John and Uta France, 25 May 2023
John and Uta France have been empowered by a Church prepared to be creative, in order to respond to the needs for ministry in the world. In the Maitland-Newcastle Diocese in 2014, Bishop Bill Wright commissioned them to be leaders, and they have received and grown in this responsibility. In fact, their unpaid ministry seems to be more than full-time. While we speak in their small window of free time (on a ‘clergy day off’ Monday), phones continue to buzz with requests for help.
Not everyone understands John and Uta’s passion for church ministry. To them, however, it makes perfect sense. What they do is a “blessing” and a “vocation”. They met in a youth group in a presbytery in the 1970s, and got married. Uta was born in Germany then grew up in Australia, and John in Australia, but they shared a desire to become more involved in their faith. Although they knew of the inspiring theology coming from Vatican II, they found it hard to “break in” to the church model of the times. Instead of being encouraged to “minister to others in encountering God”, they helped to resettle refugees from Vietnam and Central America.
At the same time, Uta and John had professional careers. John worked in engineering in the mining sector, which he explains in an apologetic manner. Uta was a bank officer, an integrative aid in the school system, a carer and then, finally, the parish secretary of St John Vianney in Morisset. They were also learning more and more about their faith; as John assures me, “you can never do too much formation.”
Their movement towards church ministry accelerated 30 years ago. Uta started working with their priest in preparing and leading funerals. After 10 years of “learning the ropes, acting as an assistant”, she found herself in a new position. The priest was sick and they could get no other priests to Morisset. Uta led the funeral and she has continued leading, being trained and training others in the ministry ever since. In the Maitland-Newcastle Diocese, there were good formation programs being offered. Both John and Uta completed the Christian Formation Course over several years.
About 10 years ago, the Maitland-Newcastle Diocese was facing their reality with courage. There was a shortage of priests and no new seminarians for some years. The area had been a hotspot of clergy sexual abuse, leading to much hurt and disenchantment with the Church. However, Bishop Bill Wright was “open to new ways of trying to do things.” The Diocesan Pastoral Plan named five foundations of diocesan life:
- Identity and community
- Worship and prayer
- Mission and outreach
- Leadership and structure,
and the faithful were encouraged to ask, “What would best serve our parish and how can the people best fulfil that?”
In the St John Vianney Parish, seven people were commissioned by Bishop Bill to lead the parish in addressing these foundations. They were appointed under Canon 517 §2 to administer a parish without a resident priest. At the time, John was given ‘Leadership and structure’ and Uta ‘Worship and prayer’. However, due to various attritions, they are the last two still in these roles, and fulfil all the foundations between them. Uta and John have not only kept the parish going through the ups and downs of COVID, but have brought fresh ideas and approaches. They feel privileged to work with a sacramental priest, who is very supportive of their initiatives.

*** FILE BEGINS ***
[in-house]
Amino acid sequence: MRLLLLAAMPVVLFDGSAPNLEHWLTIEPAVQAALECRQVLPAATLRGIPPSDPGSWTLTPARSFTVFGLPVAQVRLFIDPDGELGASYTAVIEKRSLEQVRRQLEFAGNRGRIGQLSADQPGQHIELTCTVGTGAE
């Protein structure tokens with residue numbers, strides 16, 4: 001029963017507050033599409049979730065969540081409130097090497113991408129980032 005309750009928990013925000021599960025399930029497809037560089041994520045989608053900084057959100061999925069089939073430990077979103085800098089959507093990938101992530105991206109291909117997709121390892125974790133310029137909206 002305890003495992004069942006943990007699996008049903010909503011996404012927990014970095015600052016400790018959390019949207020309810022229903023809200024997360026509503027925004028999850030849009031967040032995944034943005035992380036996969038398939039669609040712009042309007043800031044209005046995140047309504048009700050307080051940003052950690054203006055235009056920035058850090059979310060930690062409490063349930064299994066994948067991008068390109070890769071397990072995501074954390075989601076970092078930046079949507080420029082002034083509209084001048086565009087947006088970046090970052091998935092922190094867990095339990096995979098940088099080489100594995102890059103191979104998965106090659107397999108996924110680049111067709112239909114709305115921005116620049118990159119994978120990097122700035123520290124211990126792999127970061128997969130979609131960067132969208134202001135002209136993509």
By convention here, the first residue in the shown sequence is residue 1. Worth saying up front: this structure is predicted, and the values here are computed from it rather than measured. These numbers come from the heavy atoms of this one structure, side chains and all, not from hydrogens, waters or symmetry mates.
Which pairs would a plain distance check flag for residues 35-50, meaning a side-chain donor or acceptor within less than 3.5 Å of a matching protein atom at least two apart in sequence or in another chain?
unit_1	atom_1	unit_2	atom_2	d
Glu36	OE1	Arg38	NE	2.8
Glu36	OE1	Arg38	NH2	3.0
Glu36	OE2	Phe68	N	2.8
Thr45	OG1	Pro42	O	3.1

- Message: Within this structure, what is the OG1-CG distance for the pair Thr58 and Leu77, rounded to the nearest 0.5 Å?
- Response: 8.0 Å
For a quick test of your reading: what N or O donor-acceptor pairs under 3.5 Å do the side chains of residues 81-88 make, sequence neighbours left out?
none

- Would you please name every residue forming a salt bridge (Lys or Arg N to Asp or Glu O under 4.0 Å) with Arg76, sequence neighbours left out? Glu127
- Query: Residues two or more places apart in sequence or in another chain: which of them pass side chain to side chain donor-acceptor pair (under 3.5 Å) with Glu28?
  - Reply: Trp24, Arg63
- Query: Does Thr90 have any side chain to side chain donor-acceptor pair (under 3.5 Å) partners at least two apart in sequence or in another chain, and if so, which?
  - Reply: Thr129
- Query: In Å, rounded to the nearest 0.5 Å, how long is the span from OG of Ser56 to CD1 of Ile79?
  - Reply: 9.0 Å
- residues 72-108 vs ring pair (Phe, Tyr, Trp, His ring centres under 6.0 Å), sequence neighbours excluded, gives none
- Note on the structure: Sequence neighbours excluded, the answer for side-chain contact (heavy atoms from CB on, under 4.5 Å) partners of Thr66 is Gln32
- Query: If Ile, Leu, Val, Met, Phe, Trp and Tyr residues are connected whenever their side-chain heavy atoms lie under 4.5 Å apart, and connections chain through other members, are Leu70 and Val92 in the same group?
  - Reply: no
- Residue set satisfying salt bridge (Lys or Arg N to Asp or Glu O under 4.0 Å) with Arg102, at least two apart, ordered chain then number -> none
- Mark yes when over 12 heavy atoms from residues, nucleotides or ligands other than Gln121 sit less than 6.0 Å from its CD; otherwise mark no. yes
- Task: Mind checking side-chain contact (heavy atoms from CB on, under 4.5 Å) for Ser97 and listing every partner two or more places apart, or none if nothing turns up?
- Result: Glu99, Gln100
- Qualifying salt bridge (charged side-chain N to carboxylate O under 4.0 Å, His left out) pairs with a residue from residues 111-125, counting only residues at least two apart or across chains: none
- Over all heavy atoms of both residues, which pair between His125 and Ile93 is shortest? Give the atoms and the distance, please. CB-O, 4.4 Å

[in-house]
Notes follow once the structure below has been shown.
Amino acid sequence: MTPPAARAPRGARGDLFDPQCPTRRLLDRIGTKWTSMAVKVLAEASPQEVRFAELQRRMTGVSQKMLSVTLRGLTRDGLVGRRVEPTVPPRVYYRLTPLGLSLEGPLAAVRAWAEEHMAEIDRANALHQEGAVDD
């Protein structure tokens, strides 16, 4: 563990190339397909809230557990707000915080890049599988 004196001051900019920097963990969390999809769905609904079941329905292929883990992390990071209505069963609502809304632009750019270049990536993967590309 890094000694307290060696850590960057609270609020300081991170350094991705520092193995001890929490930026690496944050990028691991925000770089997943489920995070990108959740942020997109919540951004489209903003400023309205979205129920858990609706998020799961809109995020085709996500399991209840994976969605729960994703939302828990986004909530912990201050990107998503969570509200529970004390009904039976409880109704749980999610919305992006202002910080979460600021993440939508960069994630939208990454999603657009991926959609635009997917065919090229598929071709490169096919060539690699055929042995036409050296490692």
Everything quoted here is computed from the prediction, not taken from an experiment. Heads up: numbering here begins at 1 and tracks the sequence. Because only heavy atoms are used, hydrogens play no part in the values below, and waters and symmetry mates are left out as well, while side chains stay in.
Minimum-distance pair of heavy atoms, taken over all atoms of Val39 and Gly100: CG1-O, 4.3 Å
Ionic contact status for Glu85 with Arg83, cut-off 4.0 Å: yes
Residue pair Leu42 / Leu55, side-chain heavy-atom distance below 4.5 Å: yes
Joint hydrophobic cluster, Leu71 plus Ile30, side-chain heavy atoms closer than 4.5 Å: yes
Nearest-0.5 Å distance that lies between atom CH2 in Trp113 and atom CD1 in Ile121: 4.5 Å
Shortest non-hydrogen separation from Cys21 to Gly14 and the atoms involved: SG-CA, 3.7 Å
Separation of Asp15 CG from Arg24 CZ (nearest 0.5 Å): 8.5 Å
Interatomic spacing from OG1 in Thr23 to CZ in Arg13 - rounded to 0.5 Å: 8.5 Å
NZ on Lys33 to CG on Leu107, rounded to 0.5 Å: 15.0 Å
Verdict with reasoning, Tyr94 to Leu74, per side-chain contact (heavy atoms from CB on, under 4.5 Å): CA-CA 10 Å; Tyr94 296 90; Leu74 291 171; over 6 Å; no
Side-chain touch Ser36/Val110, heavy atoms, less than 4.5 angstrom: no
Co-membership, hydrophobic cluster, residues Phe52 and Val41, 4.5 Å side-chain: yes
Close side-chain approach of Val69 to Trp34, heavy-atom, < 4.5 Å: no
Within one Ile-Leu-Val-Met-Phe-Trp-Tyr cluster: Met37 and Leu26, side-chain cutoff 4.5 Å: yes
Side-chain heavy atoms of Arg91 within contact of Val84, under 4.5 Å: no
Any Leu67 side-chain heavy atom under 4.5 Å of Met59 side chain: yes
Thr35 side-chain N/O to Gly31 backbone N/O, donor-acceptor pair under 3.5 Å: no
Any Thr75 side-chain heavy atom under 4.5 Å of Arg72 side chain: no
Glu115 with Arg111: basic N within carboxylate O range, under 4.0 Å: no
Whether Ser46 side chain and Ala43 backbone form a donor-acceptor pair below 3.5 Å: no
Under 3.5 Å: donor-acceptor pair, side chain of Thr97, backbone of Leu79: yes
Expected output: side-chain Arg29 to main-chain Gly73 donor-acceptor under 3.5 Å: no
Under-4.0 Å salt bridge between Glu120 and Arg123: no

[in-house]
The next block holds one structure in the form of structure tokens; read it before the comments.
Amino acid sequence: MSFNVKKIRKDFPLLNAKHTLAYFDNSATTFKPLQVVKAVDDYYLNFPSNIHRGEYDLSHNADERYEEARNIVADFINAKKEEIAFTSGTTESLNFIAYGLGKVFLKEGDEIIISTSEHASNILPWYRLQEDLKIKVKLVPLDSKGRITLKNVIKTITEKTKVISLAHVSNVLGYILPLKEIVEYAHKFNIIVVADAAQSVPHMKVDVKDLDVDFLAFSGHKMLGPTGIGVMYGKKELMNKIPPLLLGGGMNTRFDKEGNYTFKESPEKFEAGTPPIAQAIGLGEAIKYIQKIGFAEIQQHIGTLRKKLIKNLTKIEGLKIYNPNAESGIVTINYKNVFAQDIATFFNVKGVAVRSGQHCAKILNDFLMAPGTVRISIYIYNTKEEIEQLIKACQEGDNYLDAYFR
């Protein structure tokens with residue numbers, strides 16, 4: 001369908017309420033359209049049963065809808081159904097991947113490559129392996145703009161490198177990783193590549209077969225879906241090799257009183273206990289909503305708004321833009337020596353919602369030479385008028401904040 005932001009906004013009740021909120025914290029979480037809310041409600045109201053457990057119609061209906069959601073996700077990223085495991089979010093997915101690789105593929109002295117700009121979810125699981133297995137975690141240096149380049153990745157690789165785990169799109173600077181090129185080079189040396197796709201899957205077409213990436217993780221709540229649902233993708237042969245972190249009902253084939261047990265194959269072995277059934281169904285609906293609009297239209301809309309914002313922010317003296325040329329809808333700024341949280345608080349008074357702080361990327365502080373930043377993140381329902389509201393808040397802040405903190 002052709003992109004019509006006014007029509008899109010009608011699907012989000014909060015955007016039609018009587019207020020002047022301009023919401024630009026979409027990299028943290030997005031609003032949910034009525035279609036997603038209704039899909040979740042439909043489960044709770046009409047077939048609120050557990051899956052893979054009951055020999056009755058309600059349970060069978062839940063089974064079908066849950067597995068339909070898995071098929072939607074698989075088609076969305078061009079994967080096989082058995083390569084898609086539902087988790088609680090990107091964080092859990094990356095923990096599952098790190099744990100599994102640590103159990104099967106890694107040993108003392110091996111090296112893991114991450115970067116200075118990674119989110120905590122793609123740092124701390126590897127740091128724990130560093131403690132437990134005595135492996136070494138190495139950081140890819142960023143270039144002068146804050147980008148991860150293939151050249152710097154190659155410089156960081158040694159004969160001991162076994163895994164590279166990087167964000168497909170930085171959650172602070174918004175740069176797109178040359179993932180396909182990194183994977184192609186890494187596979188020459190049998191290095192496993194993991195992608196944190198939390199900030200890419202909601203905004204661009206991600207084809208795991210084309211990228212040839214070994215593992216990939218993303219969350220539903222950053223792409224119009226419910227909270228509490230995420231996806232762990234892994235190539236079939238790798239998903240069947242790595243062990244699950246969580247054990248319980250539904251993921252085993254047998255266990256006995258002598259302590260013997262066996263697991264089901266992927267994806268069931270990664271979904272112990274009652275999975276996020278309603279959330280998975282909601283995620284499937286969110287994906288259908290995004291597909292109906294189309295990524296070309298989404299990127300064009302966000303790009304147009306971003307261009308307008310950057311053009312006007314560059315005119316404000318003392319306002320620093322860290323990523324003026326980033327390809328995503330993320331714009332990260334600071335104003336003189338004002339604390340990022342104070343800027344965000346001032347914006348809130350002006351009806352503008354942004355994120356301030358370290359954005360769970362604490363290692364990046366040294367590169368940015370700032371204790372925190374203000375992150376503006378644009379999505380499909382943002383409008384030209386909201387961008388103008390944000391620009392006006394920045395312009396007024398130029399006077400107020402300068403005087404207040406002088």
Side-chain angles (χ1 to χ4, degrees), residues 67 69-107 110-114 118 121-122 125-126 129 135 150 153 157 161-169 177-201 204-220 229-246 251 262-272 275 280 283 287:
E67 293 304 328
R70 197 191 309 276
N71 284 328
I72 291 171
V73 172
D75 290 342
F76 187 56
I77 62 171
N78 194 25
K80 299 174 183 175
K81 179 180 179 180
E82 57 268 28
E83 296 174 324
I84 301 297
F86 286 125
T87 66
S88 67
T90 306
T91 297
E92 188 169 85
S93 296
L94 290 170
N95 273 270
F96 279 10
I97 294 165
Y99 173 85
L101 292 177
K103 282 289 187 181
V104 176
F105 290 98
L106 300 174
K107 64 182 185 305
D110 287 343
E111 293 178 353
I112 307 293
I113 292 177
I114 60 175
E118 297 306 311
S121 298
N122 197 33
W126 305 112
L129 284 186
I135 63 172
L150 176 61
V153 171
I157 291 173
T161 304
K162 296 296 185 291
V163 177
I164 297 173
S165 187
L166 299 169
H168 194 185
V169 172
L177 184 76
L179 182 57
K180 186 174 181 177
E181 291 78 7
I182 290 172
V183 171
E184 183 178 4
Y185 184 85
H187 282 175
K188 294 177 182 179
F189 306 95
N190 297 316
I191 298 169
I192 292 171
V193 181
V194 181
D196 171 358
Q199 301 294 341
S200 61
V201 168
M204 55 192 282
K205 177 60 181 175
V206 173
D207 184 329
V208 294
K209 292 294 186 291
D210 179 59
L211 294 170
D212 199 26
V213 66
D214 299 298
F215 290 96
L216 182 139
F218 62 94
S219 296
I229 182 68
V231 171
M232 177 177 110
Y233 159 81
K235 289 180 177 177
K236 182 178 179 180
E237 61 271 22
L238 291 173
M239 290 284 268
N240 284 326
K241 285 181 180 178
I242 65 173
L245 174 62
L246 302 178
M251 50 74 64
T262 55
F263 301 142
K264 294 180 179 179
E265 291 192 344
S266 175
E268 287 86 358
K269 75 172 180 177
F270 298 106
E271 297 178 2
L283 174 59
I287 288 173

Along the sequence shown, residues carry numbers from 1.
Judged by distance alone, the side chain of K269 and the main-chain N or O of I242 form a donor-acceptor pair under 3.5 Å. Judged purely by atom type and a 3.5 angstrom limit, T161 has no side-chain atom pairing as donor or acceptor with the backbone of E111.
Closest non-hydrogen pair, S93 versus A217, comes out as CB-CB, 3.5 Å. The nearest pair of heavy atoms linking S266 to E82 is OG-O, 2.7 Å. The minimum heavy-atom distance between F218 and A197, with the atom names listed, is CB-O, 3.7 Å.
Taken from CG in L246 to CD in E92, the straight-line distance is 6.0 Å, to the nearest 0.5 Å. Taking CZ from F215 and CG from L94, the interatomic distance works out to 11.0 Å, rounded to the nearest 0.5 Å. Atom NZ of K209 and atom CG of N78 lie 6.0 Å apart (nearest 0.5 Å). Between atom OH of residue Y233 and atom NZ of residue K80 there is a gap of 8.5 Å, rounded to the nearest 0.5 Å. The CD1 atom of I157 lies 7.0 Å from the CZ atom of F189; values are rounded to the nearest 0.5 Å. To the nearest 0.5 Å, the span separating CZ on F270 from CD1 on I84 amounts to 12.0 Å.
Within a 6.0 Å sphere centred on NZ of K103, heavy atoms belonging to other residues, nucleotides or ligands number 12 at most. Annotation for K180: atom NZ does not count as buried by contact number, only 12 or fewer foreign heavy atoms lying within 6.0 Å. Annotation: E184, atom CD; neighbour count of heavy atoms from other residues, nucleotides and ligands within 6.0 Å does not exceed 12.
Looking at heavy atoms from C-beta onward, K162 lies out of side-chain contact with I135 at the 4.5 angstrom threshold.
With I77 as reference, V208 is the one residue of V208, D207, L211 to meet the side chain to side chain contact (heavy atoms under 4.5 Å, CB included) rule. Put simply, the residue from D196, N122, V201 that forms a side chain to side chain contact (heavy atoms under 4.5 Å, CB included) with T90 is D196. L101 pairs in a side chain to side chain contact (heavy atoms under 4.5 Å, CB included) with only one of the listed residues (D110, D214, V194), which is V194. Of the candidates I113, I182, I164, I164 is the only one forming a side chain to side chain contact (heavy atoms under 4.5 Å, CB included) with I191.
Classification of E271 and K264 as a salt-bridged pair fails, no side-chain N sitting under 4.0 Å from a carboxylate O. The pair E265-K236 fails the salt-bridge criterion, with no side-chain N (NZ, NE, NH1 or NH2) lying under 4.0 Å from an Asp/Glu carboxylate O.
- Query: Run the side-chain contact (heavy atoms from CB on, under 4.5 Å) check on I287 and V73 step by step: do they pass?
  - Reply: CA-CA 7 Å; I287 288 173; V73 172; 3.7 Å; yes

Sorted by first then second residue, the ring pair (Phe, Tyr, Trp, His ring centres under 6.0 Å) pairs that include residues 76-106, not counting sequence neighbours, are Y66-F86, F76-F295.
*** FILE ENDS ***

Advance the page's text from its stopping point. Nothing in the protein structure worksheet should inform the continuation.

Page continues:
In terms of liturgy, John and Uta seek to meet people where they are, and reach out to the margins around them. One of those margins is young families, and they have developed a sacramental process that includes family Masses, home work-books, flexible preparation for sacraments and parish accompaniment.
Another marginal area is people approaching the parish for funerals. Often in the local area, many families are uncertain about their participation in church, and opt for a funeral without Mass. Both Uta and John have faculties for performing funerals, and they try to reach out with compassion. Uta has led a number of Vigils, which are more flexible, yet still approved Catholic liturgy. Otherwise, she says, people will go to civil celebrants. “We are ministering to people who need help, who are at their most vulnerable. We are called to be the light of God, not forcing them into something they can’t handle.”
We conclude with a story from Uta’s native Germany. After the war, many refugees were starving as they left concentration camps. But when well-meaning people tried to give them food, their bodies weren’t ready and they died. Instead, very small increments were needed. John and Uta explain that there are many steps in the evangelising process before people are ready for full communion. So rather than “force-feeding”, they explore many other avenues for prayer and worship from our liturgical documents. Then, when people come together for Eucharist, it is “not me and God, but us together.” From there, we are commissioned to go out to use our gifts. Which is exactly what Uta and John are doing so well.
 Canon 517 §2. If, because of a lack of priests, the diocesan bishop has decided that participation in the exercise of the pastoral care of a parish is to be entrusted to a deacon, to another person who is not a priest, or to a community of persons, he is to appoint some priest who, provided with the powers and faculties of a pastor, is to direct the pastoral care.